Definitions

from The American Heritage® Dictionary of the English Language, 4th Edition

  • transitive v. To combine (a column of figures, for example) to form a sum.
  • transitive v. To join or unite so as to increase in size, quantity, quality, or scope: added 12 inches to the deck; flowers that added beauty to the dinner table.
  • transitive v. To say or write further.
  • intransitive v. To find a sum in arithmetic.
  • intransitive v. To constitute an addition: an exploit that will add to her reputation.
  • intransitive v. To create or make an addition: gradually added to my meager savings.
  • add up To be reasonable, plausible, or consistent; make sense: The witness's testimony simply did not add up.
  • add up To amount to an expected total: a bill that didn't add up.
  • add up To formulate an opinion of: added up the other competitors in one glance.
  • idiom add up to To constitute; amount to: The revisions added up to a lot of work.

from Wiktionary, Creative Commons Attribution/Share-Alike License

  • v. To join or unite, as one thing to another, or as several particulars, so as to increase the number, augment the quantity, or enlarge the magnitude, or so as to form into one aggregate. Hence: To sum up; to put together mentally.
  • v. To combine elements of (something) into one quantity.
  • v. To give by way of increased possession (to any one); to bestow (on).
  • v. To append, as a statement; to say further.
  • v. To make an addition. To add to, to augment; to increase.
  • v. To perform the arithmetical operation of addition.
  • n. An additional enemy that joined the fight after the primary target.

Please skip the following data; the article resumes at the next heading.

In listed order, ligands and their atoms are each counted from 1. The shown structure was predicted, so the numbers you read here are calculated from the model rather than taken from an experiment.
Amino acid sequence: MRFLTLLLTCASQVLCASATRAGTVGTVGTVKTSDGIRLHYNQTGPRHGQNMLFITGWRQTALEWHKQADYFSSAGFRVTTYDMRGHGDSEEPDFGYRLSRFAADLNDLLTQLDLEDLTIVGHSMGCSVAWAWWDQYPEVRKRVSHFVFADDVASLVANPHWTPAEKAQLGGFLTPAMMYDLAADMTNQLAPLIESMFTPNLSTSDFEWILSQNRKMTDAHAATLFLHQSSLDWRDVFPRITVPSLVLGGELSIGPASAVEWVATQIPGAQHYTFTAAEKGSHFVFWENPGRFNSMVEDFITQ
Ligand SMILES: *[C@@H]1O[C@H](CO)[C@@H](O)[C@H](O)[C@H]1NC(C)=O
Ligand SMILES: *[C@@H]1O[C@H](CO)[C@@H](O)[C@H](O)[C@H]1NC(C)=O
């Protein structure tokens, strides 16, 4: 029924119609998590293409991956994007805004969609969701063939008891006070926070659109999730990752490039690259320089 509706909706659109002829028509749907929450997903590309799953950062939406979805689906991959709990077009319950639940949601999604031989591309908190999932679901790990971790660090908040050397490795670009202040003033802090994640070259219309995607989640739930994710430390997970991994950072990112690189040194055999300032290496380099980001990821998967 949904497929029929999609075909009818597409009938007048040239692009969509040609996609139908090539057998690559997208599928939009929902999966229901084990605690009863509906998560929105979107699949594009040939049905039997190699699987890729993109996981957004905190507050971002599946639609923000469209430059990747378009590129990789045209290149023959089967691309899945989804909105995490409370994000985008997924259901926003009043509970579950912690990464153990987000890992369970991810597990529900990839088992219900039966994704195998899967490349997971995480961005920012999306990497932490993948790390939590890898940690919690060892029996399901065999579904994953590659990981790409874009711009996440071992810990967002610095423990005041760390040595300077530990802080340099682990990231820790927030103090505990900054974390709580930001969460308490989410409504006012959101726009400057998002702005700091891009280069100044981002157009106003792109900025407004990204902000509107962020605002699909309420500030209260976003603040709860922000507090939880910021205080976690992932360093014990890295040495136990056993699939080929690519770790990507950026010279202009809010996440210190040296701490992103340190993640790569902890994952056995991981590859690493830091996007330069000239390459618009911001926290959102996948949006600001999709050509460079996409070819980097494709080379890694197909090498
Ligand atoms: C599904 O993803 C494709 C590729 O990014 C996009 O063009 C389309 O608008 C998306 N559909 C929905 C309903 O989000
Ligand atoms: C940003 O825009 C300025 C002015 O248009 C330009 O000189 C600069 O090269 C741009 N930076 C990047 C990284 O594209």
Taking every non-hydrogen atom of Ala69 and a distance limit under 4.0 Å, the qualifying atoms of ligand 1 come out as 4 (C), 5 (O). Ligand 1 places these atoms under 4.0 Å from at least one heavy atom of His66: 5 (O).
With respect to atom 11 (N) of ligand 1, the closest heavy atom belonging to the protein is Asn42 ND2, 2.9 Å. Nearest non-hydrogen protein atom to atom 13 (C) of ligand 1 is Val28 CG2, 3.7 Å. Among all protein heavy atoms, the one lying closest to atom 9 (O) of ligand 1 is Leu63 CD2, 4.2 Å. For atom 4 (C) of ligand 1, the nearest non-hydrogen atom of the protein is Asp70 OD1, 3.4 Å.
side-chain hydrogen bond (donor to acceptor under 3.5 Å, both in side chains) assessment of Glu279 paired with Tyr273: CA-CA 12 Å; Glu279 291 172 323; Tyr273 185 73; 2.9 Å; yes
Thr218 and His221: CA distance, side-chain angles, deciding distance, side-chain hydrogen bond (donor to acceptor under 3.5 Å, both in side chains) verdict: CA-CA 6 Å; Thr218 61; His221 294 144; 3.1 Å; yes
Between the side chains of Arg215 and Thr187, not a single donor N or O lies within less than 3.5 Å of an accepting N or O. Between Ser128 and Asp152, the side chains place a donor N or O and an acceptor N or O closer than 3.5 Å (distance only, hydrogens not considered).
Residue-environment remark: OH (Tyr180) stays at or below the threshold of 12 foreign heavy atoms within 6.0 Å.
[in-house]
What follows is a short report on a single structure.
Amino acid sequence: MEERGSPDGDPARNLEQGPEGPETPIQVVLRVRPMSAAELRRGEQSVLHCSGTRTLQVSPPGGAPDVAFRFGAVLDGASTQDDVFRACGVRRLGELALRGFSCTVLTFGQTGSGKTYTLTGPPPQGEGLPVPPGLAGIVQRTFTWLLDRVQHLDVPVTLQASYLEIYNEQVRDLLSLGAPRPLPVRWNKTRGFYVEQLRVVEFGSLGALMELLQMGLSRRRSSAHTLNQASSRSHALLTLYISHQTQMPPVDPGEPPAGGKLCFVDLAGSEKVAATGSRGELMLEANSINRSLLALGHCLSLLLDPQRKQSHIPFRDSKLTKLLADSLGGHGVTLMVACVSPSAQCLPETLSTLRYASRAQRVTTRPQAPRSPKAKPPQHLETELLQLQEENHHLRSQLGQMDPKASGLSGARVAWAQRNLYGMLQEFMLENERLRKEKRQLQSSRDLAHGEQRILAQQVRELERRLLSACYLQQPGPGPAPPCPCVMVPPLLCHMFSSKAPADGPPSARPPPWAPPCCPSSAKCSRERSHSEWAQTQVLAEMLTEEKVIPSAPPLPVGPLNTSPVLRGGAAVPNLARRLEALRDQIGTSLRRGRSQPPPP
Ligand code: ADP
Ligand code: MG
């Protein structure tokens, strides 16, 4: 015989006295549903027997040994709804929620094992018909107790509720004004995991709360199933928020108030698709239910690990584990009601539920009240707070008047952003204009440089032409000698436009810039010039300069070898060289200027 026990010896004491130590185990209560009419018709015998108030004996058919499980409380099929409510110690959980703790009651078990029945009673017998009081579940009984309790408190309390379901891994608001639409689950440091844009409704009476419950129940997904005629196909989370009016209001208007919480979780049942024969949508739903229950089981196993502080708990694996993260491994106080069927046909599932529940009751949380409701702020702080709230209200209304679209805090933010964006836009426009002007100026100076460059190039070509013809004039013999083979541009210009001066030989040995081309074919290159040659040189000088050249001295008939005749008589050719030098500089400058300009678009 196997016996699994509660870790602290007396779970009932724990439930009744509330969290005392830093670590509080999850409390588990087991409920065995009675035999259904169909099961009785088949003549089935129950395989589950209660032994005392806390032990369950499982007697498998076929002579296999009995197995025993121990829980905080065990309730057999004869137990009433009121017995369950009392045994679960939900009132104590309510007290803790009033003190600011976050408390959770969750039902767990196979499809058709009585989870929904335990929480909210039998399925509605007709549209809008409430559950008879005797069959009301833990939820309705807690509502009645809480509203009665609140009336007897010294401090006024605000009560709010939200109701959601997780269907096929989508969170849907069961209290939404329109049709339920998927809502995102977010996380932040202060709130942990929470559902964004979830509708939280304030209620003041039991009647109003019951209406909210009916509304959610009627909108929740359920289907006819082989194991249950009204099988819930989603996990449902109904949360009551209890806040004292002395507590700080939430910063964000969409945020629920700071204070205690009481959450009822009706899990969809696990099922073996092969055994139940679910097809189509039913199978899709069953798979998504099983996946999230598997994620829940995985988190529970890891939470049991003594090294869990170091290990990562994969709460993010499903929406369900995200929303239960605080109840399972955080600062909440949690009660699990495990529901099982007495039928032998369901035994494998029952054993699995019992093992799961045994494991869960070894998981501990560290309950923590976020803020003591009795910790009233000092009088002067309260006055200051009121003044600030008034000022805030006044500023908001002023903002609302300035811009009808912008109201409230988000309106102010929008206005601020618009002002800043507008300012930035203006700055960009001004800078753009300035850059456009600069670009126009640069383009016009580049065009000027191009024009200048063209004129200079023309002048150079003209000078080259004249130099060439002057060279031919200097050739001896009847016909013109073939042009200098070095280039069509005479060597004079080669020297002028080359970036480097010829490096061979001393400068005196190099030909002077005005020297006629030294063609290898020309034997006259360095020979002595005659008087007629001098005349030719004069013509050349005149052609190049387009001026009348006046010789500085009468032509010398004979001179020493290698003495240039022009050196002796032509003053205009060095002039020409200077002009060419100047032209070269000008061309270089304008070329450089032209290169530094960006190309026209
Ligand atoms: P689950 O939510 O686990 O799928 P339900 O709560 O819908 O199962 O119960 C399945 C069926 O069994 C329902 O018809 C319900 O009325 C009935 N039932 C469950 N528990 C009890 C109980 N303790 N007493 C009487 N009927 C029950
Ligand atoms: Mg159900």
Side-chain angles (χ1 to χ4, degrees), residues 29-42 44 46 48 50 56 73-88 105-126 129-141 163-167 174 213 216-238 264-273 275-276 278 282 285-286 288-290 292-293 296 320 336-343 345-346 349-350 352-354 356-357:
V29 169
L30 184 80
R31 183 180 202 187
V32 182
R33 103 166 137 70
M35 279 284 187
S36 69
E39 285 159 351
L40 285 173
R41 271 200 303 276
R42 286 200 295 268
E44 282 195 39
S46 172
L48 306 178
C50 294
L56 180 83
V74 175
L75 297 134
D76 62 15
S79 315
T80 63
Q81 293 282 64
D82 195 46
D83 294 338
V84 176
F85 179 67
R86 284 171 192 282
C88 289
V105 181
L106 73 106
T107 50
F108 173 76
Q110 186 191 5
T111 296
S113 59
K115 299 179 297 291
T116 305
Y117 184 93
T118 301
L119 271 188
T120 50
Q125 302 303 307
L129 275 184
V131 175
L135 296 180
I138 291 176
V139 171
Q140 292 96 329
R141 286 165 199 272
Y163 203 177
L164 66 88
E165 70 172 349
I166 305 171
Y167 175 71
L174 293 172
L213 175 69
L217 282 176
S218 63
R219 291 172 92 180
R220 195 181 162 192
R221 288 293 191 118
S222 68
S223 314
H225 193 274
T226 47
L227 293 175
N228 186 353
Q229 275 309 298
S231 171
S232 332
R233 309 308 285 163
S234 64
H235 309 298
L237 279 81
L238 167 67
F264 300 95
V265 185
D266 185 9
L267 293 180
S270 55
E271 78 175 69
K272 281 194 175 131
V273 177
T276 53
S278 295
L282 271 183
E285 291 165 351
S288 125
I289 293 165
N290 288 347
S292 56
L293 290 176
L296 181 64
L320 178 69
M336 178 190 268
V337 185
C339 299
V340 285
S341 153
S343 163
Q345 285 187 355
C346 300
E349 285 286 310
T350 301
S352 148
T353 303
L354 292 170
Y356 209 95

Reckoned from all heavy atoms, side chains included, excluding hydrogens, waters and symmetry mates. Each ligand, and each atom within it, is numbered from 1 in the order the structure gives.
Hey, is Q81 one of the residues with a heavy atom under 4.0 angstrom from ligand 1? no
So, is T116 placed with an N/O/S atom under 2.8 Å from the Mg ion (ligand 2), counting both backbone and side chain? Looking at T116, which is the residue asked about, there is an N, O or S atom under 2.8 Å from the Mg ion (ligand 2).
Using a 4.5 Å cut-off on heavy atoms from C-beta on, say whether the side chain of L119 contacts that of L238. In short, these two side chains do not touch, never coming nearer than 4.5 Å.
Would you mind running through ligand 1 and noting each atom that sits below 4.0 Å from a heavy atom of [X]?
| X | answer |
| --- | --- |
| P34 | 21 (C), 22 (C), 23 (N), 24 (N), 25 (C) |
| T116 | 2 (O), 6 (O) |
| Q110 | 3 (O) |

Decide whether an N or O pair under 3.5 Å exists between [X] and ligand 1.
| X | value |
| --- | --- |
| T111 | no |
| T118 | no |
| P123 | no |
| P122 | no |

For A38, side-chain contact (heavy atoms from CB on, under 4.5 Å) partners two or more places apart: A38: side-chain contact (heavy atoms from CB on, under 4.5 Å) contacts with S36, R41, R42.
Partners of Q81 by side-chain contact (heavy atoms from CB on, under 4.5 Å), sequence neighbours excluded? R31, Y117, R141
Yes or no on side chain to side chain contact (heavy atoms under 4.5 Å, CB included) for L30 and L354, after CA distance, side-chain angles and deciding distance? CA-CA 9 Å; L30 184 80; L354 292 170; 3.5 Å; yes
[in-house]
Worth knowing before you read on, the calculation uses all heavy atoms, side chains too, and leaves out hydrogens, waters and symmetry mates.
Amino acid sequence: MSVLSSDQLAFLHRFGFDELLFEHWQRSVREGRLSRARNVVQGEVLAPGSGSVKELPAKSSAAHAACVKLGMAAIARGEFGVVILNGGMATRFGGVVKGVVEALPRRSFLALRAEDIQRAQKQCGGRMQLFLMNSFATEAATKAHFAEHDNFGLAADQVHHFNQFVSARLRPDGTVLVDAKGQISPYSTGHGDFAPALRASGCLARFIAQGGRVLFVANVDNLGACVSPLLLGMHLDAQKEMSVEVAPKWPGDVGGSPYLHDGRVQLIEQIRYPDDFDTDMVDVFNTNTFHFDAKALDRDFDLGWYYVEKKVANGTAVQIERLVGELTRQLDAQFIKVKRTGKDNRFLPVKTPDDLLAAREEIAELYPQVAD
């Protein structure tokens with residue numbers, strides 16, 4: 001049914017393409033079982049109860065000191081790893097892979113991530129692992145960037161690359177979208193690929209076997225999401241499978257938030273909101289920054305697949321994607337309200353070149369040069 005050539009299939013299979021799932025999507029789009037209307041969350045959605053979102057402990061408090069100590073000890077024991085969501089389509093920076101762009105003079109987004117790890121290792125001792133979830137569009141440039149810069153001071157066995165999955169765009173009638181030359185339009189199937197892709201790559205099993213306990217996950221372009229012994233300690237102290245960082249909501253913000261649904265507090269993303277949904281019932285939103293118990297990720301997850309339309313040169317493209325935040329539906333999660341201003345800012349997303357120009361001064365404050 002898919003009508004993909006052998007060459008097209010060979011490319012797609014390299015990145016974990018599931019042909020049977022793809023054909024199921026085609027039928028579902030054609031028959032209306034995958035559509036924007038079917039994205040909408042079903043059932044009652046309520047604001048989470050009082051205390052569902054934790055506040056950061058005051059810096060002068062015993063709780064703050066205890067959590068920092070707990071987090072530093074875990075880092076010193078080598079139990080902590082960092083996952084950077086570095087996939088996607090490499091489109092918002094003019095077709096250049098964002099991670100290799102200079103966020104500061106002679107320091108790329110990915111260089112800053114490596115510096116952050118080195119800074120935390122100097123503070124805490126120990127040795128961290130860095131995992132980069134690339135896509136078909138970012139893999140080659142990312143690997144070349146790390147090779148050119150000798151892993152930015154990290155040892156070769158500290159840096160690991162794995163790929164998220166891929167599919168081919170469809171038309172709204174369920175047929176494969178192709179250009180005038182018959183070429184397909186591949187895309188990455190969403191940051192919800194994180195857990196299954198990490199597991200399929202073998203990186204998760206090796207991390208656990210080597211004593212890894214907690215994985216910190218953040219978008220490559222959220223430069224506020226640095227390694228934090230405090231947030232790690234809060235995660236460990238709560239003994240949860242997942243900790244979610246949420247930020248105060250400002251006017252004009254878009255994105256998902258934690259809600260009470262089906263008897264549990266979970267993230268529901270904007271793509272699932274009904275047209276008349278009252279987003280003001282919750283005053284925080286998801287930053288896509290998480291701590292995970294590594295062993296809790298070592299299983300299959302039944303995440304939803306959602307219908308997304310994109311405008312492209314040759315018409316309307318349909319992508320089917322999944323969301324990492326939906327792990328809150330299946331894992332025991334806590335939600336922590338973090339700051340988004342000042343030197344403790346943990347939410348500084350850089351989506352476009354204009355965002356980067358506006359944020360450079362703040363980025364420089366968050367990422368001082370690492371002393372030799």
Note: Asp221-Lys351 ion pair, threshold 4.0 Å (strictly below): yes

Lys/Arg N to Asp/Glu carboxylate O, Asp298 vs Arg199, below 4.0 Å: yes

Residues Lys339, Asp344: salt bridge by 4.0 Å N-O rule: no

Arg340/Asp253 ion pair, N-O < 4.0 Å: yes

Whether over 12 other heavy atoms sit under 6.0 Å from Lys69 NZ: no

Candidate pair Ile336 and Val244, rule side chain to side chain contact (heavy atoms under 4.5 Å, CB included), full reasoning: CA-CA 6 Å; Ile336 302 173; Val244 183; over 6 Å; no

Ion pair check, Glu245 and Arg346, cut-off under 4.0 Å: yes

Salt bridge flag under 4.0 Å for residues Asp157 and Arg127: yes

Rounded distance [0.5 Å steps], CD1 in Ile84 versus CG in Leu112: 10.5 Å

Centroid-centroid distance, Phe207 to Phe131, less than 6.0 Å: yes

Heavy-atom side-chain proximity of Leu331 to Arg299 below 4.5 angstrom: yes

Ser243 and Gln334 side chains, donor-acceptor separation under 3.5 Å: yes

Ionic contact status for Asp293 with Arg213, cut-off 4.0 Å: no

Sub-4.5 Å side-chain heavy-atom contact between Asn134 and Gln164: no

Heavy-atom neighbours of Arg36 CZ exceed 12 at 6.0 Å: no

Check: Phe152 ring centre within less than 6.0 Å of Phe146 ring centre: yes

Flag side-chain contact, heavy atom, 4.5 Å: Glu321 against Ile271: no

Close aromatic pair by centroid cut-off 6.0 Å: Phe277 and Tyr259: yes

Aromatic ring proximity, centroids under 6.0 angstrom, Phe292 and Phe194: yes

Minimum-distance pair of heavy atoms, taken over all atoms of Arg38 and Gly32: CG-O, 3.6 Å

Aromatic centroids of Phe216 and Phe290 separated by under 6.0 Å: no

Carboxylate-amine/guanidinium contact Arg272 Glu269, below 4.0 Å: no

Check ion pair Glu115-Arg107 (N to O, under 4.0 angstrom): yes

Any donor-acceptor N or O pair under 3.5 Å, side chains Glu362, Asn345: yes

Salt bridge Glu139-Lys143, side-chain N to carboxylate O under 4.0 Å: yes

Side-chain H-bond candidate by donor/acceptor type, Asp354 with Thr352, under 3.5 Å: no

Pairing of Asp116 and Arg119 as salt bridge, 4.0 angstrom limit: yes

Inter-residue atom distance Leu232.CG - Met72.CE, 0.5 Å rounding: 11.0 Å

• n. An act or instance of adding.

from the GNU version of the Collaborative International Dictionary of English

  • intransitive v. To make an addition. To add to, to augment; to increase.
  • intransitive v. To perform the arithmetical operation of addition.
  • transitive v. To give by way of increased possession (to any one); to bestow (on).
  • transitive v. To join or unite, as one thing to another, or as several particulars, so as to increase the number, augment the quantity, enlarge the magnitude, or so as to form into one aggregate. Hence: To sum up; to put together mentally
  • transitive v. To append, as a statement; to say further.

from The Century Dictionary and Cyclopedia

  • To join or unite into one sum or aggregate.
  • To unite, join, attach, annex, or subjoin as an augmentation or accretion; bring into corporate union or relation: with to before the subject of addition, and sometimes without an expressed object when this is implied by the subject: as, add another stone, or another stone to the pile; he continually added
  • to his store; to add to one's grief.
  • To put into the possession of; give or grant additionally, as to a person.
  • To be or serve as an addition; be added: with to: as, the consciousness of folly often adds to one's regret.
  • To perform the arithmetical operation of addition.

from WordNet 3.0 Copyright 2006 by Princeton University. All rights reserved.

  • v. bestow a quality on
  • v. make an addition (to); join or combine or unite with others; increase the quality, quantity, size or scope of
  • v. make an addition by combining numbers
  • v. determine the sum of
  • v. constitute an addition
  • n. a condition (mostly in boys) characterized by behavioral and learning disorders
  • v. state or say further

Etymologies

Middle English adden, from Latin addere : ad-, ad- + dare, to give.
(American Heritage® Dictionary of the English Language, Fourth Edition)
Latin addere, from ad + dare ("to give, put"). Compare date, do. (Wiktionary)

Examples

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Comments

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  • Oh, I'm here too.

    June 13, 2008

  • Something it's very difficult to do with the word add in Wordie. See Mentions.

    June 13, 2008

  • add is same as plus

    June 13, 2007